Do the Old Gain at the Expense of the Young?

This past July, Lansing Community College economics professor Jim Luke gave a presentation sponsored by the Michigan Intergenerational Network on our Country’s intergenerational transfer programs:  Social Security and Medicare.  You can view his PowerPoint slides and read his blog post on the topic at  The point that impacted me the most is the fact that intergenerational transfer programs are inevitable, because the very young and the very old cannot possibly generate the resources necessary to support their well being.  When societies lack formal intergenerational transfer programs, the task of supporting the two ends of the lifespan usually falls to the family.  However, that arrangement allows many children and old people to lack support because of death, social changes, economic instability, acrimony within families, mental illness, war or other hazards.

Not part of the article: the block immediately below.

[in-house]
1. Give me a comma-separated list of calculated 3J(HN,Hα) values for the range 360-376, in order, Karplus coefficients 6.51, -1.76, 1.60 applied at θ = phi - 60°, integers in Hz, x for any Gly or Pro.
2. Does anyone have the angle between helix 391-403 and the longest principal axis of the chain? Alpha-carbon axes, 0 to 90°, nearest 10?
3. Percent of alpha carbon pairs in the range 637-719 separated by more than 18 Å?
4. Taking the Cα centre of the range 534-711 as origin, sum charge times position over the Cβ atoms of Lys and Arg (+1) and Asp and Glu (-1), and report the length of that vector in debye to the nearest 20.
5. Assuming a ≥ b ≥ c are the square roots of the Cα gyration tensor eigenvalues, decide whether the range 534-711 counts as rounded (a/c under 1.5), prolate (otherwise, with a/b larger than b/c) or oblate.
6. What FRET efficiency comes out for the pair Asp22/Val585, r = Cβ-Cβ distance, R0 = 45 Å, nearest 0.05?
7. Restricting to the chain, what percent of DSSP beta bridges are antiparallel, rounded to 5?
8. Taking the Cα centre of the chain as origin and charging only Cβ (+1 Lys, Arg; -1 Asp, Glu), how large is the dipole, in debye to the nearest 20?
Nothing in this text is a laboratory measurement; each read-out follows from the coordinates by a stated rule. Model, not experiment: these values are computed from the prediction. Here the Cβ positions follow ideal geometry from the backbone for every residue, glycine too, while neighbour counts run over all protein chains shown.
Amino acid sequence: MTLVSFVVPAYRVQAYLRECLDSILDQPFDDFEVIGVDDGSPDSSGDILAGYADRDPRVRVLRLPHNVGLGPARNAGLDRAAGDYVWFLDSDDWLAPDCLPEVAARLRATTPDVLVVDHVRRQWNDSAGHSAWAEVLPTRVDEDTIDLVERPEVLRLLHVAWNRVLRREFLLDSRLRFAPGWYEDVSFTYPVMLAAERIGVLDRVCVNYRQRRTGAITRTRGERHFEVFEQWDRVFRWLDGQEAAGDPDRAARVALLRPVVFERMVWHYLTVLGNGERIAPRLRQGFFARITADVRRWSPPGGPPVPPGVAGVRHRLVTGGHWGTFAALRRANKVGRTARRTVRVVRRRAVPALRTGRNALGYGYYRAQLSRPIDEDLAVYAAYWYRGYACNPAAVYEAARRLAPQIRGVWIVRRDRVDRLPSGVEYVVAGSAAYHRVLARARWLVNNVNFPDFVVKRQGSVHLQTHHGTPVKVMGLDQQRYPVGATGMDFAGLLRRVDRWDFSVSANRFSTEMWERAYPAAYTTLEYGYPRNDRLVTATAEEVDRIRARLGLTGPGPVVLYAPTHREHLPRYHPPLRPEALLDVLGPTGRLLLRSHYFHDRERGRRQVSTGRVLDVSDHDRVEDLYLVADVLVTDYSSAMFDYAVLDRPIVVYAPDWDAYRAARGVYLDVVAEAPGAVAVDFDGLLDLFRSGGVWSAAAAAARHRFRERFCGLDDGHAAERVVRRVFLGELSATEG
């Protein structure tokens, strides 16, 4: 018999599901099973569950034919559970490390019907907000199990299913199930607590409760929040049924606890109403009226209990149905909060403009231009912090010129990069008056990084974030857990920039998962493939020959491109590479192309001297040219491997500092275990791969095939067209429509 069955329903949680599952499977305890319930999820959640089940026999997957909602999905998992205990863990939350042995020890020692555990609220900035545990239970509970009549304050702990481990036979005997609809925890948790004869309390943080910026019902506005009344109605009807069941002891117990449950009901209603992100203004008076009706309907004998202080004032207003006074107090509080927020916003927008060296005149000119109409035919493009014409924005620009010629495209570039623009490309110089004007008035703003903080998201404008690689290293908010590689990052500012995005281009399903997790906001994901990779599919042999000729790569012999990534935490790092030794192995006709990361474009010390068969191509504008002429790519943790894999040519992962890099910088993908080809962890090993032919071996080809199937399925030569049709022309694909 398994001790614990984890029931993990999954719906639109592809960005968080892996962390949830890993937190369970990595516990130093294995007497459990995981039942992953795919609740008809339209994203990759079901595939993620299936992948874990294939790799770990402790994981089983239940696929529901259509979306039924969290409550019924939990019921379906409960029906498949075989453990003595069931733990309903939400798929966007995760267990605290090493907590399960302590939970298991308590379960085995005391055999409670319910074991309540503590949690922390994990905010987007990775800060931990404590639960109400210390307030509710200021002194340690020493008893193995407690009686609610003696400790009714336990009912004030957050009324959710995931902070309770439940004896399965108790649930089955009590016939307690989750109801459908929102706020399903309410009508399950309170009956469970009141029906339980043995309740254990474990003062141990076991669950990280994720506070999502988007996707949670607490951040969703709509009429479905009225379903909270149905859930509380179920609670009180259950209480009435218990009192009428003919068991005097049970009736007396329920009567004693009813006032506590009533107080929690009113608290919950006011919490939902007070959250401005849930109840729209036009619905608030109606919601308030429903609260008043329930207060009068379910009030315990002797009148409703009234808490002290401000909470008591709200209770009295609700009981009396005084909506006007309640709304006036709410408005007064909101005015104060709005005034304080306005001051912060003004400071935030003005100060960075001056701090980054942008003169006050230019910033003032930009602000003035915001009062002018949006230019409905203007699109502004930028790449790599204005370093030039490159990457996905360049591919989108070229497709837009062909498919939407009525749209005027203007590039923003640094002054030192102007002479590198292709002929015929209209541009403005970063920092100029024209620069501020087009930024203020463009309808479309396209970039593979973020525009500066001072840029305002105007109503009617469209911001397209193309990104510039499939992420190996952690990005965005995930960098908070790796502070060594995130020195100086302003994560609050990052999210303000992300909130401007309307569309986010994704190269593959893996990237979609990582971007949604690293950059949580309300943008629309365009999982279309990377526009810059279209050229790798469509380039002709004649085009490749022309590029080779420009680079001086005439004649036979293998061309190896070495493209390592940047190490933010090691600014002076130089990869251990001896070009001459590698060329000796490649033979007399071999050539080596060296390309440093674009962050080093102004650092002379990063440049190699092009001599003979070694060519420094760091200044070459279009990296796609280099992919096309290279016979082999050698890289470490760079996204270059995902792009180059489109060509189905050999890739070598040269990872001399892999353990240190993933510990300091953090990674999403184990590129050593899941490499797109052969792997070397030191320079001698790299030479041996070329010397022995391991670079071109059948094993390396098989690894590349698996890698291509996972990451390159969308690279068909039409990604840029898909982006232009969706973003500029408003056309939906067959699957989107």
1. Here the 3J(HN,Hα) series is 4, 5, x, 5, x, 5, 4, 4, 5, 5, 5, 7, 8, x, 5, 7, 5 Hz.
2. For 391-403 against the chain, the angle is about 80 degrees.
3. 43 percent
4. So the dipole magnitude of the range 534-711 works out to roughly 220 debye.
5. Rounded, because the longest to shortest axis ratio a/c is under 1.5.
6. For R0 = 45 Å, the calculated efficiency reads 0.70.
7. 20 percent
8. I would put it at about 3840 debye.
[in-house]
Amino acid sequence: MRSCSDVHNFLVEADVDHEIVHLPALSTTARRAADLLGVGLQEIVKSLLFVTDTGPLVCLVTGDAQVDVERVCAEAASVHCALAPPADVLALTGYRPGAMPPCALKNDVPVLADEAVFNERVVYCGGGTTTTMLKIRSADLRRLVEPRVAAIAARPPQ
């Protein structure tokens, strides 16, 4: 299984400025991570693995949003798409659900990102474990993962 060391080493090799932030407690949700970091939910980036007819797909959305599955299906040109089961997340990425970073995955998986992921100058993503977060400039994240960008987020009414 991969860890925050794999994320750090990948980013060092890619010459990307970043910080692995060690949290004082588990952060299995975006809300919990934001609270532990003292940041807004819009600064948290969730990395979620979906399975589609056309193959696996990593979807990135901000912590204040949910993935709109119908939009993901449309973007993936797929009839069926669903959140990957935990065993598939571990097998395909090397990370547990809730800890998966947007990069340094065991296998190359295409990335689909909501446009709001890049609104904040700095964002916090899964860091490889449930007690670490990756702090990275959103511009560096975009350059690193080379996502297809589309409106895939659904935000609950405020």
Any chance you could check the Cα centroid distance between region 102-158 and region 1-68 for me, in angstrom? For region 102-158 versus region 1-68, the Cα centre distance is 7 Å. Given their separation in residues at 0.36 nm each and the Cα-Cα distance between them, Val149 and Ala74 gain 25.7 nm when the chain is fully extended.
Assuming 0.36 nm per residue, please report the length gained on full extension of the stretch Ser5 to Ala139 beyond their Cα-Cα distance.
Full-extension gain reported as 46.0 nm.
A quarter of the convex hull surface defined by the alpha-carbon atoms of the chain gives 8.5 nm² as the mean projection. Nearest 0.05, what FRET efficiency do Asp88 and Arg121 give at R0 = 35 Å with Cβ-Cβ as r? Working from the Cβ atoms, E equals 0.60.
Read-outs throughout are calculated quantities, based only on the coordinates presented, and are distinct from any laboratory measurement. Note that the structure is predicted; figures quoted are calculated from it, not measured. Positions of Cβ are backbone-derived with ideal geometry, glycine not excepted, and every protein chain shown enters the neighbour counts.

MoneyA form of social insurance is more reliable and benefits the society as a whole, due to the economic stability provided by predictable income, and therefore predictable cash infusion into the economy.  In other words, our intergenerational transfer programs are not perks that old people receive to the detriment of the young.  They’re an organized way of addressing a universal social problem, and the current solution provides additional advantage to everyone in the society.   Indeed, we need to preserve them so that the economically productive group that is contributing now to Social Security and Medicare will ultimately receive the same benefit that they are providing to their elders.  Breaking the intergenerational compact, that would be an injustice to the young!  Sue Sweeney, Chair, Gerontology Department, Madonna University


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